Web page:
Machine translation ≠ creative localisation
A translation performed by a machine is not comparable with the creative localisation of texts. The machine is not able to translate creative slogans and advertising copy, since word-for-word translations are not usually suitable in these cases. In addition, when the aim is to create content that speaks to your target group and takes cultural and regional linguistic features into account – in a process known as localisation – then a native translator is practically essential.
However, if texts do not need to be adapted to specific markets or if a large volume of words needs to be translated in a short time, then machine translation is a good option. This can include help documents, forums and live chats, internal documents and communications, notes and drafts, manuals etc.
Post-editing is key
Post-editing – reading, correcting and optimising the machine translation – carried out by a specialist translator who is a native speaker of the target language ensures the best quality standards for your machine translation projects. However, it is not always easy to identify right level of optimisations during this process: How much manual work is appropriate?
This depends largely on what the text is intended for. If the text is purely for informational purposes, then the facts must be 100% correct and the translation must not contain any misunderstandings. This is the only level at which the translator intervenes when post-editing this kind of translation, as the style and flow of the text are not a priority.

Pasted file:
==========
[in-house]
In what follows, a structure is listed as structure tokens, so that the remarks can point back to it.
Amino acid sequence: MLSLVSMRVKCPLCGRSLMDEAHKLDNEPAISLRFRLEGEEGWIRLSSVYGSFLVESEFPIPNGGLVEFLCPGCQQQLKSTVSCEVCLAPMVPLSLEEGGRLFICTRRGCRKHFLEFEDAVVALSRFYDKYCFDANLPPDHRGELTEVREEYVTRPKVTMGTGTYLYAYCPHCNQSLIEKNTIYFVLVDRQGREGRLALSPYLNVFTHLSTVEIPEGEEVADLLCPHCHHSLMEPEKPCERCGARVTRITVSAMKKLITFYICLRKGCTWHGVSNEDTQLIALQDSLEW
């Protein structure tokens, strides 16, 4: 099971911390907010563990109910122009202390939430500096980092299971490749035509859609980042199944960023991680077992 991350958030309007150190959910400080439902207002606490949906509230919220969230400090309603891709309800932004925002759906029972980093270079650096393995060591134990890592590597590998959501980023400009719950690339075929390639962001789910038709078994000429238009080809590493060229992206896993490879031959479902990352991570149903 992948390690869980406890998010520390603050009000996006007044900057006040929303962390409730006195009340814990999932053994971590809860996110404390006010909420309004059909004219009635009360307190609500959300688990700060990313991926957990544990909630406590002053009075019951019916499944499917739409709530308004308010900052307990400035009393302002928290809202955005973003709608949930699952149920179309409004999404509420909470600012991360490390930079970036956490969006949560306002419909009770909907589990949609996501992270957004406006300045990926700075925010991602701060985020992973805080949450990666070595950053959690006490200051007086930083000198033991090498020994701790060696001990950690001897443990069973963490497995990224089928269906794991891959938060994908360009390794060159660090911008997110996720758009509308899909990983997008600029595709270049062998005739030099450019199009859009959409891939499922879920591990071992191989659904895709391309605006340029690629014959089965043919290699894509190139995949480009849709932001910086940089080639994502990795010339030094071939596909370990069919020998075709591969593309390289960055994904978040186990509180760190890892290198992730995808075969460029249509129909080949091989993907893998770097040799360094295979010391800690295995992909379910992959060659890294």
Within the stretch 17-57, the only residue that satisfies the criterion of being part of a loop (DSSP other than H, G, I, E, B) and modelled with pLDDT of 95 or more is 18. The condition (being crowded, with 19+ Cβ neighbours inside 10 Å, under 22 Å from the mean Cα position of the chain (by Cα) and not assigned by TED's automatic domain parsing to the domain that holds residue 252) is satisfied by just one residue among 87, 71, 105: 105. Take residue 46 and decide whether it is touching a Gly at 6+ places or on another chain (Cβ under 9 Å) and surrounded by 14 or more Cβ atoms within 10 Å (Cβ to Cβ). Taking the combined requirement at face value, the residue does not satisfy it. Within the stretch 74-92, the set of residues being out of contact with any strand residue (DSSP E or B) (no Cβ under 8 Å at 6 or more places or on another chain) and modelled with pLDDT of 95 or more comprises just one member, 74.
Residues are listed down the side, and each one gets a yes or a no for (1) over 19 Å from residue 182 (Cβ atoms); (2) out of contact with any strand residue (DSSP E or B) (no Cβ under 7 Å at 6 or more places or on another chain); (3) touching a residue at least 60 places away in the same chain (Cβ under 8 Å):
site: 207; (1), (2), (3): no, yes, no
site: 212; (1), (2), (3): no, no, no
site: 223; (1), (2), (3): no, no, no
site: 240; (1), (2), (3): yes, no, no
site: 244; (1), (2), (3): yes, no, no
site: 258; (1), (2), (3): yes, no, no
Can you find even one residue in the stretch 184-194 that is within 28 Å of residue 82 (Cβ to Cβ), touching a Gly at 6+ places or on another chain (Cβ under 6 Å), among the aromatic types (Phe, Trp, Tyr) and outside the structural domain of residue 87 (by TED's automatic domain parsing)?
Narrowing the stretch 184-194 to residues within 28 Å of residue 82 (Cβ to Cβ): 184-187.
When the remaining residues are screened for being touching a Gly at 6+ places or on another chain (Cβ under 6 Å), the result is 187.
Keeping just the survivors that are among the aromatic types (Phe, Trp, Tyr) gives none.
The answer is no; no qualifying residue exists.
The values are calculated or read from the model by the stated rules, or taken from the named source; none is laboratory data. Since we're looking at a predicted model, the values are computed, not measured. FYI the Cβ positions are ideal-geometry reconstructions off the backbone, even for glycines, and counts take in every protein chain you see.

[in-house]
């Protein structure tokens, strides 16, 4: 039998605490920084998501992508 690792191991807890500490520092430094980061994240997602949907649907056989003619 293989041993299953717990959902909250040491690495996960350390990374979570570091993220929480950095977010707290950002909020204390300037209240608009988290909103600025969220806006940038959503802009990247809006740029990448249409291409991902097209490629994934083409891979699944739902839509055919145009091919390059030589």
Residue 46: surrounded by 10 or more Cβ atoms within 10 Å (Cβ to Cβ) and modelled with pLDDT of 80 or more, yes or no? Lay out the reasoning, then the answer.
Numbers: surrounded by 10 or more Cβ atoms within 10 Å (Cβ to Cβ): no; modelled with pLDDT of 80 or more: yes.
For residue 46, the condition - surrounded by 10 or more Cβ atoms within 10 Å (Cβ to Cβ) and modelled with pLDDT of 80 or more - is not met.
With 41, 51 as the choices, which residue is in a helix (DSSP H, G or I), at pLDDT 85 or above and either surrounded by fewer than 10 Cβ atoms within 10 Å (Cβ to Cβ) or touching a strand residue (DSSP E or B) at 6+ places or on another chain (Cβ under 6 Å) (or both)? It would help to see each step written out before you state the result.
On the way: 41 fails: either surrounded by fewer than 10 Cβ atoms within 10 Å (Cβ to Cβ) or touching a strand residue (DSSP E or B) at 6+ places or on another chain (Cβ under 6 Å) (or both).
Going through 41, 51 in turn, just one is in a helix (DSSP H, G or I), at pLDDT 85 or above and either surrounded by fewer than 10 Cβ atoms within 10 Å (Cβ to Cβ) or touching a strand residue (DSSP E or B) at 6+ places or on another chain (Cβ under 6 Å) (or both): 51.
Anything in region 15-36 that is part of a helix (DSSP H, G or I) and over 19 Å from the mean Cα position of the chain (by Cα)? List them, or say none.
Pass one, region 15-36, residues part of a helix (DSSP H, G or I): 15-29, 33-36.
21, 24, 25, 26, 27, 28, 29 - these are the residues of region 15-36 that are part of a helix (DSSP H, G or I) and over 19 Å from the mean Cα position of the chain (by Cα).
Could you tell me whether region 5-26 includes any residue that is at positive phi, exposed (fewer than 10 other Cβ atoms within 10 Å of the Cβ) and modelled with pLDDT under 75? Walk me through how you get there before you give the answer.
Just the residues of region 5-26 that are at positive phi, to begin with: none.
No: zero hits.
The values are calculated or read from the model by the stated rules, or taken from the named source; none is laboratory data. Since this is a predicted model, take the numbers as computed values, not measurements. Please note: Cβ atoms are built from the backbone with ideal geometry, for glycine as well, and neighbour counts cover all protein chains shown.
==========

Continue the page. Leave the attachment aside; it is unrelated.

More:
The situation is different when texts need to have a particularly high-end style – such as company publications. In this case, not only does the content need to be accurate, the style is also important. A corporate language must often be observed. This can mean that sentences and full paragraphs often need to be completely re-translated.
If the time required for the post-editing process increases significantly, it makes sense to weigh up whether a specialist translation by our translation experts would be a better alternative in terms of the cost-to-benefit ratio. Even though machine translations have greatly improved with the use of neural software, they’re still not perfect. Although grammatical mistakes occur less frequently these days, it is still not uncommon for the meaning or context of the source text to be misinterpreted in machine translations. Therefore, it is important not to lose sight of the cost-to-benefit ratio mentioned previously.
Here is what a professional post-editing stage should cover:
- Correcting terminology
Termbases ensure consistent corporate language. If this is not programmed into the machine translation algorithm, then the use of corporate language must be checked during the post-editing stage.
- Adapting the context
When the context of the source language is not recognised by the machine, a greater amount of work is required during the post-editing process.
- Harmonising formulations
Expressions and linguistic conventions are not uniform: The form of address changes from formal to informal or expressions are not translated the same way throughout. These are good improvements that can be made during post-editing./li>
The bottom line?
For our machine translation projects, we work with professional, adaptive machine translation engines that can be trained. With good planning, consistent processes and texts, as well as for very large volumes, machine translation is an effective tool for translating content into different languages.
Get advice from our experts.